Alarming video on Fukushima impact on the world. May 9, 2012Posted by @Karen_Fu in change, climate change, environment, ethics, faith, life challenges.
Tags: Fukushima, Fukushima nuclear accident aftermath, Japan nuclear disaster 2011, Man made disaster, radioactive danger, World disaster
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Far worse than what I thought about the fukushima radioactive leak. So cancer prevention should be the first to come into consideration if what Dr Helen Caldicott said is true.I can believe it is mostly true. But what I didn’t know was the extent of the disaster. We should never place complacency in what we know and play with fire. I will leave you to watch the video. It is very concisely presented. Anyone who still thinks nuclear is a viable source of power to expand economically should have their brains ‘washed’ by now. Technology should gear towards to how to cancer prevention and cure. I think that’s the most important task now — not the power struggle, fights and material greed. It doesn’t pay. — Karen Fu
Design for the New Climate March 29, 2011Posted by @Karen_Fu in climate change, design, environment.
Tags: Blackburn report, cities, climate change, Design Ideas, Fukushima, John O Blackburn, Nuclear Energy Concerns
Recently, I saw The Ideas Economy’s website and posted 2 ideas that I thought it would be useful. One was to design modular mobile smart housing that acts as a self sustainable unit; and the other a kind of ‘lead net’ that covers the entire nuclear plant in several layers before it actually explodes.
It just came to me after reading and following up the number of natural and man-made disasters that seems to erupt in a short span of 3 years. Regardless if the Mayans had been right about 2012, we have to prepare for a definite real climate that is today and the near future.Highly populated areas, usually in cities, do not have much open space for escape. As such, I am thinking of the many possibilities of designing the units and the ‘safety net’.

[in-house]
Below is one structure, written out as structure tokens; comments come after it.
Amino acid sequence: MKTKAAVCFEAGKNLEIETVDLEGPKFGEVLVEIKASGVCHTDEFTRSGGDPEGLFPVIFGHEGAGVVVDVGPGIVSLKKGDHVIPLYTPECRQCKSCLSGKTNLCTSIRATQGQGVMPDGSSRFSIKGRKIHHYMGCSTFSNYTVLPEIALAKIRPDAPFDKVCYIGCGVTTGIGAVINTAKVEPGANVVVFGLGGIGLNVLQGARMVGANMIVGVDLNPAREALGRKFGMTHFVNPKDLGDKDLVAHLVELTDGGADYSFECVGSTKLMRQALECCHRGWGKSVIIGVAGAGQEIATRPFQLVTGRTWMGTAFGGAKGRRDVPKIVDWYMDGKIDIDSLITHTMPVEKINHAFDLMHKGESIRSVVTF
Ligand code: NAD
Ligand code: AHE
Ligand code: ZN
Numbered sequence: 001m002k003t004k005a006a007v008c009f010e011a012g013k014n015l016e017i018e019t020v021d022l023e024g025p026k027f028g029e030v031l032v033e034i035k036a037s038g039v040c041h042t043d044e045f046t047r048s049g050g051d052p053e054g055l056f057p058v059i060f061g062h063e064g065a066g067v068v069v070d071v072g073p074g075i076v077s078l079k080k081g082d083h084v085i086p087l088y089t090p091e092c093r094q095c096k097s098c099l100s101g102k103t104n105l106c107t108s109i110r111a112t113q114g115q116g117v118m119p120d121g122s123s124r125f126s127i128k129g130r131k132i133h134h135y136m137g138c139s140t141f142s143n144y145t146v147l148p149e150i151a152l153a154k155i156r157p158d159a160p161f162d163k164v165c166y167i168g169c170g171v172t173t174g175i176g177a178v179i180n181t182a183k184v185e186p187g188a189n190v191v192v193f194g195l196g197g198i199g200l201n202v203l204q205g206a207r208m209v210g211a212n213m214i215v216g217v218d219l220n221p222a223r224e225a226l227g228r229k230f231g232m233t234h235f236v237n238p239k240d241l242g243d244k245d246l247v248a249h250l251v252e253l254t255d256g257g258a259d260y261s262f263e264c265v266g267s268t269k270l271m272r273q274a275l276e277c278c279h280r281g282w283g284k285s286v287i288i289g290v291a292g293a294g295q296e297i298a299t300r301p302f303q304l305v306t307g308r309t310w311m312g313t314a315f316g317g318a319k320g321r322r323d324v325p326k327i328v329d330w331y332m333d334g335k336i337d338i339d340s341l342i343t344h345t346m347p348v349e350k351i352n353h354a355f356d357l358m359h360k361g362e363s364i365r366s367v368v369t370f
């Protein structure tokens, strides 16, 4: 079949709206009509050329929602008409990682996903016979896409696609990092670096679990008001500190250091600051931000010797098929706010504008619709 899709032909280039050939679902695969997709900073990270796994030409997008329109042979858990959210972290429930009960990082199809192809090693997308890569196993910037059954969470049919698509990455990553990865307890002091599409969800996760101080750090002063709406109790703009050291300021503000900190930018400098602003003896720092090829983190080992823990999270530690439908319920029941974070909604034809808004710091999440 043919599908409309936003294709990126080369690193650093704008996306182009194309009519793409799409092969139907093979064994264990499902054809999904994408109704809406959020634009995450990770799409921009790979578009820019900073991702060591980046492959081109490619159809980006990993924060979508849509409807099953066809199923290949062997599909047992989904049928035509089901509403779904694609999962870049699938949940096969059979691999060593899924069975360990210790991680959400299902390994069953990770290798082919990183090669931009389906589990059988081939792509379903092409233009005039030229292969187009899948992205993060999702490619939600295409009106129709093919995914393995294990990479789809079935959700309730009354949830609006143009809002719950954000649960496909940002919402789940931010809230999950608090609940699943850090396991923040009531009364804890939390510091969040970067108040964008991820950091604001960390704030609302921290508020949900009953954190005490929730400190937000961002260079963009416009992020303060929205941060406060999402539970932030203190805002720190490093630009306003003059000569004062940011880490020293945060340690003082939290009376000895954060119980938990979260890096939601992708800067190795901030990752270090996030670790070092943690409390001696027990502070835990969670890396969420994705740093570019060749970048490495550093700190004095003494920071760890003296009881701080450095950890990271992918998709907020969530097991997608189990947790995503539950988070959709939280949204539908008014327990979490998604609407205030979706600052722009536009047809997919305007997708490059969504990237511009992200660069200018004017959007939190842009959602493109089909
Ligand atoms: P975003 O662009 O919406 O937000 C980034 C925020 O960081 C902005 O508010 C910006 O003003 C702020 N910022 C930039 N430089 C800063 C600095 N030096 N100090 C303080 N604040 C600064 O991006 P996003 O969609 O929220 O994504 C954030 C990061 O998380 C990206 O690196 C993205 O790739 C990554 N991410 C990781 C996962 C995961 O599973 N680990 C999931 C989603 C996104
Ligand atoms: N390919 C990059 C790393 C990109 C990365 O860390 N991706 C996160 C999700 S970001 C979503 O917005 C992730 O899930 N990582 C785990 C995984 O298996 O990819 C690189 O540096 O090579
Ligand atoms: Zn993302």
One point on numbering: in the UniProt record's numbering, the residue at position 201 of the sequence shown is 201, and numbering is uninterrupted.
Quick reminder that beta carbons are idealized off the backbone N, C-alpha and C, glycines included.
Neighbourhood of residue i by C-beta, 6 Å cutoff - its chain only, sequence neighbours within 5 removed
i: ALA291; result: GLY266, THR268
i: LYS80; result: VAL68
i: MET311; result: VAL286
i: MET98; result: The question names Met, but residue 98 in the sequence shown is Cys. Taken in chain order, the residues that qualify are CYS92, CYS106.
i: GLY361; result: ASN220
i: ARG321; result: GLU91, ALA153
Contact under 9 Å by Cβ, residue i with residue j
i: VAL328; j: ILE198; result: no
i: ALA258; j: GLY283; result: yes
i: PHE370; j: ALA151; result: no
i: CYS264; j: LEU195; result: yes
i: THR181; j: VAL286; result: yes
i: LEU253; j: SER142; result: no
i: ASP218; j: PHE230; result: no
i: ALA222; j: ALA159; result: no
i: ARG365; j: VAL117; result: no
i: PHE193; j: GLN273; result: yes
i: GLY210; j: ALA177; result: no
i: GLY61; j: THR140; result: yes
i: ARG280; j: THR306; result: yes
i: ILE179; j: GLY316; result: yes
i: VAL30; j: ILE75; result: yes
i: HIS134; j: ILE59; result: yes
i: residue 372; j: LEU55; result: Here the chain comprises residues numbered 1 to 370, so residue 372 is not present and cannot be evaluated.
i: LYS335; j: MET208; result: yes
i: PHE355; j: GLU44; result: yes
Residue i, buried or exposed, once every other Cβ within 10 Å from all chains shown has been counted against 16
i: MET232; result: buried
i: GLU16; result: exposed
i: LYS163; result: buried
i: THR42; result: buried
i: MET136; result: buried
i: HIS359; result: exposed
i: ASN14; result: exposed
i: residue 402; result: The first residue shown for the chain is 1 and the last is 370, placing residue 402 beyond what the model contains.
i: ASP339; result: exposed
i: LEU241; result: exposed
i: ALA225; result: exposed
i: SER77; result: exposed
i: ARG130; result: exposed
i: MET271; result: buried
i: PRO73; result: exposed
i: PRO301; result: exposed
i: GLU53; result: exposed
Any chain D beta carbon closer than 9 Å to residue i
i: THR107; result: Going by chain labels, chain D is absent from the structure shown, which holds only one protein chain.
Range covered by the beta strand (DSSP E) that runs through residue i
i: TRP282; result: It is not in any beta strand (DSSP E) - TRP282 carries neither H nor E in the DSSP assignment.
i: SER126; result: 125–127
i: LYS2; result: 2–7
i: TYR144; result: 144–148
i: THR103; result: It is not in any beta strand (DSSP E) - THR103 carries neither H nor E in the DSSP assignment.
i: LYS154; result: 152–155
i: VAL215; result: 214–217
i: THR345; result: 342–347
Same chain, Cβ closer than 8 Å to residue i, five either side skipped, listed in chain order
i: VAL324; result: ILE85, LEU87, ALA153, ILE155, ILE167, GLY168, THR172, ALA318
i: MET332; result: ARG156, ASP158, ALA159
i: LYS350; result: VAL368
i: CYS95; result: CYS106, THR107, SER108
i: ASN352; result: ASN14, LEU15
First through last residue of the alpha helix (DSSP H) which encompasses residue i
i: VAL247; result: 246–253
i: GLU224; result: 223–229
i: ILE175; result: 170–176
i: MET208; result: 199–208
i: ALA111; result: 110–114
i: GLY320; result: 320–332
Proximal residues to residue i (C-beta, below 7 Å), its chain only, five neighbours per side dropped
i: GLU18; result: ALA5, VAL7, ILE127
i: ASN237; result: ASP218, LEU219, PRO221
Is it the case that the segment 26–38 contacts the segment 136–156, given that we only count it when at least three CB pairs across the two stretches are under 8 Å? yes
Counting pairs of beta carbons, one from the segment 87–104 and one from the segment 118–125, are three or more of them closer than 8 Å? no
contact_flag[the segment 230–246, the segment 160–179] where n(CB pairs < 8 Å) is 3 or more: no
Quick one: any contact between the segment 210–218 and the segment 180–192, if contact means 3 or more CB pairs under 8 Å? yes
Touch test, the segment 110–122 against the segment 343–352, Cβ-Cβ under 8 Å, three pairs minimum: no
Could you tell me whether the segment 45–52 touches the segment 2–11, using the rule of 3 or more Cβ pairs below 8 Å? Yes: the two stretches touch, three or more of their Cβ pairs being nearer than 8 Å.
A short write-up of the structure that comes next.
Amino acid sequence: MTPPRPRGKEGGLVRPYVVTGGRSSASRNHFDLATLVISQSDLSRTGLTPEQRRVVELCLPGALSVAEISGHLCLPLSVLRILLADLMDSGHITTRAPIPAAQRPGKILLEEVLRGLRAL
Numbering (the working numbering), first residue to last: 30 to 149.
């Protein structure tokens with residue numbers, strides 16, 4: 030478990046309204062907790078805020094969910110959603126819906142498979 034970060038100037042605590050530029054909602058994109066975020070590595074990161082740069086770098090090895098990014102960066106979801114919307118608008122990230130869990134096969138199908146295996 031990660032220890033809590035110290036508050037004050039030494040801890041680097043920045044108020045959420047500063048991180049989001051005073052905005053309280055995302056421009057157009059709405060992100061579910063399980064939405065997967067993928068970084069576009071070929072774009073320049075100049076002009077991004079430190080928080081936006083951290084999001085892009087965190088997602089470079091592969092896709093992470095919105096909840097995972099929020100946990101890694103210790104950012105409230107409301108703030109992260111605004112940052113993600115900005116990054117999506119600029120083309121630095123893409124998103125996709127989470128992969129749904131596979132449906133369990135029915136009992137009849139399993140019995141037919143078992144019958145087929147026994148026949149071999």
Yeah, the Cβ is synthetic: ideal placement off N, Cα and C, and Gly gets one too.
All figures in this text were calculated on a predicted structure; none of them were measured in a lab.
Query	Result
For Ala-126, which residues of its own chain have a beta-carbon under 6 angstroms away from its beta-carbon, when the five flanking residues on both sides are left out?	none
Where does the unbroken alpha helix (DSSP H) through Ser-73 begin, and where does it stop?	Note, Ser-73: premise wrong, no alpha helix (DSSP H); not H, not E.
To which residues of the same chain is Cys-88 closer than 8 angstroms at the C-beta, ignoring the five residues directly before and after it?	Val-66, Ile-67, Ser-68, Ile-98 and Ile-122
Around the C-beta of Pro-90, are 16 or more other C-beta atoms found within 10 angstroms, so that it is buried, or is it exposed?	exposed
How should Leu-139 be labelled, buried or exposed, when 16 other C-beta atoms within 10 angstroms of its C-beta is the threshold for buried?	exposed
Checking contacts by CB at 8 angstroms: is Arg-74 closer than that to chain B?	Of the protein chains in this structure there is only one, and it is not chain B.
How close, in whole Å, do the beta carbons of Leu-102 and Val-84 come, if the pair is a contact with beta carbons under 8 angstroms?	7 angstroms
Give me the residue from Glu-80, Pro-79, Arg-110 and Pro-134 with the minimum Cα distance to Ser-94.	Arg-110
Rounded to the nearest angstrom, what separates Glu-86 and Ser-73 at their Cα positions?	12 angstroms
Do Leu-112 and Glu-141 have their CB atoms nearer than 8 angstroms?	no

Climate change does not confine to the natural environment, about melting ice caps and the rise of sea levels. We are now facing another impending problem that is more instaneous and dire: terrorism. While we can add in rows of CCTVs, sending police and guard dogs to patrol at stations, airports, and sub stations; we must first eliminate any possible attack inland. For that reason alone, nuclear plants, oil rigs in danger points should be seriously considered for a permanent removal.The energy that we should use must be some form that we can contain in a much higher possibility. With the recent Fukushima Nuclear accident, signs are begining to show that the spread of radioactive pollution is going world wide. I think that is itself an expensive lesson to take and we have yet to see the full impact of the disaster.
I particularly liked the idea of solar energy. Many may not for the actual costs of producing them as compared to nuclear energy. But recently I have accidentally stumbled upon a paper by the late John O Blackburn, who wrote ‘The Historic Crossover:Solar Energy is Now the Better Buy’.(see reference below)
I really wouldn’t want to try nuclear in the long term given the change of climates now where there appears to be a rise in the number of
earthquakes.Naturally people may doubt about statistics. Despite the nature of hard core research stats, we live under the sky to know what is really happening. Sometimes, a better trust is within us. Within me, myself, I do not believe that nuclear is the solution. It has never been. With the Fukushima Nuclear incident, I am more than adament to vote against nuclear energy. You know how the Japanese work. They are very merticulous and responsible people. If this could happen, I think its serious enough to make a resolution. — Karen Fu, adapted from my own post to PhD forum.
(A) The late John O. Blackburn, Duke University’s Professor Emeritus of
Economics and former Chancellor,
Solar and Nuclear Costs—The Historic Crossover: Solar Energy is Now
the Better Buy’ http://www.azocleantech.com/details.asp?newsID=11407
Obituary of Dr John Blackburn, which reflects his personality:
Prof Blackburn’s paper:
(B) Nuclear waste recycling problems:
(C) Nuclear reactors in quake zones: http://tinyurl.com/4kxux8u